We The People Are The Work is a major visual arts project in Plymouth that will explore ideas of power, protest and the public.
The project will see five internationally acclaimed artists from the UK, Canada, France and Mexico journey to Plymouth to create new artworks, give talks and lead workshops, inspired by the city’s rich heritage, its people, and their aspirations for the future.
From recent worldwide events including Brexit and the election of Donald Trump to the changes being experienced by communities in Plymouth on a more local scale, the exhibition will look at the shared experiences and differences that shape our society.
The exhibition for We The People Are The Work will take place from Friday 22 September - Saturday 18 November 2017 at five venues around the city: The Gallery at Plymouth College of Art, The Council House at Plymouth City Council, KARST, Peninsula Arts at the University of Plymouth and Plymouth Arts Centre.
Each of the five high-profile contemporary artists invited to take part in We The People Are The Work have been paired with a specific venue that aligns with the artist’s practice. Each artist will develop works that involve the public in some way - either in an aspect of their research, development, production or realisation.
The artists commissioned to take part include Claire Fontaine, a Paris-based collective working in neon, video, sculpture, painting and text. Also taking part is British contemporary artist Peter Liversidge, whose recent exhibitions include Tate Modern and the Whitechapel Gallery. We The People Are The Work will be Mexican artist Antonio Vega Macotela’s first major project in the UK, and he is also taking part in this year’s Documenta. Ciara Phillips is a Canadian born artist who lives and works in Glasgow and has just been announced as an artist in the Sydney Biennial. Penzance-born artist Matt Stokes, who has exhibited at galleries all over the world, immerses himself in the social structures of the scene he is working with, which then result in films, installations and event-based works.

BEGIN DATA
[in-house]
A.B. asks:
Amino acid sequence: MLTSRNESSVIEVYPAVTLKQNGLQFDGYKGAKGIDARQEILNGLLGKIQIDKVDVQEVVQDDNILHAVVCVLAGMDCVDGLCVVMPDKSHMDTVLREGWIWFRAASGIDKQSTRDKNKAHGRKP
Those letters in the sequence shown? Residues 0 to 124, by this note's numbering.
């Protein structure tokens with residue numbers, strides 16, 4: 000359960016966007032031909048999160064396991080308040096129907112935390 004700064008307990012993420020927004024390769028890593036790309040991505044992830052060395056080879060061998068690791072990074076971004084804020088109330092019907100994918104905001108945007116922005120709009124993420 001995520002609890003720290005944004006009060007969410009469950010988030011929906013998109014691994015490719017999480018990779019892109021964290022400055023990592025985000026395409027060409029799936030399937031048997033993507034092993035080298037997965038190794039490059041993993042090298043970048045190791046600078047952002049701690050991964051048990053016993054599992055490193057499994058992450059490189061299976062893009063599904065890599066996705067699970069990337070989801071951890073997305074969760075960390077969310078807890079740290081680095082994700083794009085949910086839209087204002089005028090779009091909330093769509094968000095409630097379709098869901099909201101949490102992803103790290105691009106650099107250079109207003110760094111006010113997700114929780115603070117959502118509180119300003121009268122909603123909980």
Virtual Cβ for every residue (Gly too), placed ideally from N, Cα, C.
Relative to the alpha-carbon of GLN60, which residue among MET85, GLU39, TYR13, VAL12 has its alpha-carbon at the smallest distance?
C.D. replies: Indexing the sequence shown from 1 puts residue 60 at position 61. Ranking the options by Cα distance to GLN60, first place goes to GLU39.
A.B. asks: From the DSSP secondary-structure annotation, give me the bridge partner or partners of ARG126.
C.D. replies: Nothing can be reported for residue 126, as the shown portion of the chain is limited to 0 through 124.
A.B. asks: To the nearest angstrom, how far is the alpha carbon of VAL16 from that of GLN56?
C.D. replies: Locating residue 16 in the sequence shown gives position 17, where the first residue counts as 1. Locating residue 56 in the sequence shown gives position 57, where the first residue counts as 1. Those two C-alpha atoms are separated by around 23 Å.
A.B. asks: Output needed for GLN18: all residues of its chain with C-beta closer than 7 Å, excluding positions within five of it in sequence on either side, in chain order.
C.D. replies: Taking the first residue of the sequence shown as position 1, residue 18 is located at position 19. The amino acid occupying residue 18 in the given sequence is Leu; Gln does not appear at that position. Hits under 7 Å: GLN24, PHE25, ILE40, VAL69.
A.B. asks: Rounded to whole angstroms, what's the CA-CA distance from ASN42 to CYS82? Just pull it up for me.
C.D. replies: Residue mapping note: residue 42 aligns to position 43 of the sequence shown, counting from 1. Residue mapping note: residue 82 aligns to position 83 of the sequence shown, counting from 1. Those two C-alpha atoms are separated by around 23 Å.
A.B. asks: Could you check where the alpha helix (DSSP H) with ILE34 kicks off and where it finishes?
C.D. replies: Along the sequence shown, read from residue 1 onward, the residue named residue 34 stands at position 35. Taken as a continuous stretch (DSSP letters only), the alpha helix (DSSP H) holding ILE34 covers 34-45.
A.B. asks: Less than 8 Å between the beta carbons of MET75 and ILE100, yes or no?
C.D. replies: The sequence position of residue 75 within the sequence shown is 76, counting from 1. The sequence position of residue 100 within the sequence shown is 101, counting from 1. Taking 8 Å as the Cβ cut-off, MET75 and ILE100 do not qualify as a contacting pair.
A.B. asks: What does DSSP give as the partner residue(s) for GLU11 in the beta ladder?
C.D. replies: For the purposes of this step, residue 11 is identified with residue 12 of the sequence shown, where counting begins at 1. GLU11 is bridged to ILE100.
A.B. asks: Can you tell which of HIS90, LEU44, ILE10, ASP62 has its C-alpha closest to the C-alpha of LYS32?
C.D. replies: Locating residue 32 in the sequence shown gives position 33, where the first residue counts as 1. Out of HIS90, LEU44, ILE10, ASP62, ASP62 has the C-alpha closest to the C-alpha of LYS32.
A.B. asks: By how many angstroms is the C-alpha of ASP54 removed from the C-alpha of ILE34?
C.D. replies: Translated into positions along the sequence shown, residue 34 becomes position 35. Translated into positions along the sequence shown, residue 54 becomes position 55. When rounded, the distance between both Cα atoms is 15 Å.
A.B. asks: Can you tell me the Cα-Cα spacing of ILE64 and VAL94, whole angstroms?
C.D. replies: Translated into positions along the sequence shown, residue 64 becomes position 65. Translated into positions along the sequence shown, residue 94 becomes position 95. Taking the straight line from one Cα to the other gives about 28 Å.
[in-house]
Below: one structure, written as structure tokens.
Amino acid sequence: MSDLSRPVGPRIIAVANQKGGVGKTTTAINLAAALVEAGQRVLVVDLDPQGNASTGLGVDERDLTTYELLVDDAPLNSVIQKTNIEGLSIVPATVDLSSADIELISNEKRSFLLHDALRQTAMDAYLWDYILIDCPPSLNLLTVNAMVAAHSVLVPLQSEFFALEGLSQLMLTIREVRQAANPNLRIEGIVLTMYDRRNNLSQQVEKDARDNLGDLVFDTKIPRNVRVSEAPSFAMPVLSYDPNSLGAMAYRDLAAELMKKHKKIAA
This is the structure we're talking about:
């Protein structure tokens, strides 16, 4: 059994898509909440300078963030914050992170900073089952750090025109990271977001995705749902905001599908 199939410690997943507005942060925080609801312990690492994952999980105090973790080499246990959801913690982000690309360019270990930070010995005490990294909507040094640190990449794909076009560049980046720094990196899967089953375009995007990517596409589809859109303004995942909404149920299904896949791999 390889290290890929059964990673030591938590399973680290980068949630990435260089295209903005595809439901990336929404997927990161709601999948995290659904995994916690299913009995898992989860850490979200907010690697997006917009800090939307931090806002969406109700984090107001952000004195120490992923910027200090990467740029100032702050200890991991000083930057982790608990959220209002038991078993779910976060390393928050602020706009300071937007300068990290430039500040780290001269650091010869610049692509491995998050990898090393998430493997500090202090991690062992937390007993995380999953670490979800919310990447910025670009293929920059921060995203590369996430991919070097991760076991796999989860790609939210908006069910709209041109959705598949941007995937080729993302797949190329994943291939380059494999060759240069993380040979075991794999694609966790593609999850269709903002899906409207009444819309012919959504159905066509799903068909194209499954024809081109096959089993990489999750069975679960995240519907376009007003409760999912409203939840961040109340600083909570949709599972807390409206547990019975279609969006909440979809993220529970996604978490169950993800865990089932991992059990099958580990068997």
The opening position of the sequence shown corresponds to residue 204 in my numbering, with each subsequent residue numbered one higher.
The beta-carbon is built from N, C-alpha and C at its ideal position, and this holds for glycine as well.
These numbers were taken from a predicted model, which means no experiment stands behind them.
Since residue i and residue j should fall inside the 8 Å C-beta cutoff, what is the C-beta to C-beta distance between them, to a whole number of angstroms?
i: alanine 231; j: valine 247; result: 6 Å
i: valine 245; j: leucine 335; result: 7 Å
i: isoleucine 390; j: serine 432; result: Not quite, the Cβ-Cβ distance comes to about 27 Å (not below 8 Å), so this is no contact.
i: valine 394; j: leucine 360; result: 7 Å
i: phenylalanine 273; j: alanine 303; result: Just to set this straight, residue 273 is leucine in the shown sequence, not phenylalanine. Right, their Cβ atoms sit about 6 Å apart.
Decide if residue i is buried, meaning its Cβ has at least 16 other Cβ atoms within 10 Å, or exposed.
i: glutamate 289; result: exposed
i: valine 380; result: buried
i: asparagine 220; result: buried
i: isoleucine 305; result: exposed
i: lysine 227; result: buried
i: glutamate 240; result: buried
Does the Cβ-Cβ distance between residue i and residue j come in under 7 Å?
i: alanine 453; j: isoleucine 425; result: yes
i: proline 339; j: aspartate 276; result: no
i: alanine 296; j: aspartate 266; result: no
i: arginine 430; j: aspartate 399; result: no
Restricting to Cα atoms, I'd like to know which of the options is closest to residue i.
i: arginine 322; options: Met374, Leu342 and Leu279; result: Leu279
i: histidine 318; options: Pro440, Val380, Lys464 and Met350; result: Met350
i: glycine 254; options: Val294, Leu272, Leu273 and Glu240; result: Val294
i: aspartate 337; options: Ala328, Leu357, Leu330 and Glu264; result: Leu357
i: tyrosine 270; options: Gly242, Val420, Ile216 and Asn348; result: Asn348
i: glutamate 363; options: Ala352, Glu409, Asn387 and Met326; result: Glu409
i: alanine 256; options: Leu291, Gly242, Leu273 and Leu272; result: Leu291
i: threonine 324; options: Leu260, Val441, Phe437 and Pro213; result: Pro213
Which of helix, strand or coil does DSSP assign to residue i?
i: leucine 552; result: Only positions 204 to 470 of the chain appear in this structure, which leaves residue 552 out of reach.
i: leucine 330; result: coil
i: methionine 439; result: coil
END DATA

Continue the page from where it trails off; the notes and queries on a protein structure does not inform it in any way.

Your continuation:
We The People Are The Work is curated by Simon Morrissey, who is internationally renowned for his distinctive approach of involving audiences in the development of permanent and temporary artworks. Morrissey is the director of Foreground, and he has curated exhibitions for leading galleries and agencies including The British Council; the Arnolfini in Bristol; Chapter in Cardiff and Hauser & Wirth Somerset amongst many others. As part of the project, Morrissey will lead a free walking tour between the five venues and give lectures at Plymouth College of Art and the University of Plymouth.
We The People Are The Work will launch to coincide with Plymouth Art Weekender (22 - 24 September 2017) and will include events, talks and workshops, and film screenings, inviting communities to engage creatively as part of this cross-city project.
The film programme will include a special screening of Colin Gregg and Hugh Stoddart’s 1982 film Remembrance. Shot entirely on location in and around Plymouth, this British independent film featured large numbers of local people and young men in the Royal Navy as extras, alongside Timothy Spall and Gary Oldman in their first significant roles. Expanding out from the core venues, the project will also “infiltrate” the city’s outdoor video screens, advertising sites and transport networks, creating opportunities for connection and engagement across the whole of Plymouth.
For more information see the website for We The People Are The Work.
What: We The People Are The Work
When: Friday 22 September to Saturday 18 November 2017
Where: The Gallery at Plymouth College of Art, The Council House at Plymouth City Council, KARST, Peninsula Arts at the University of Plymouth and Plymouth Arts Centre.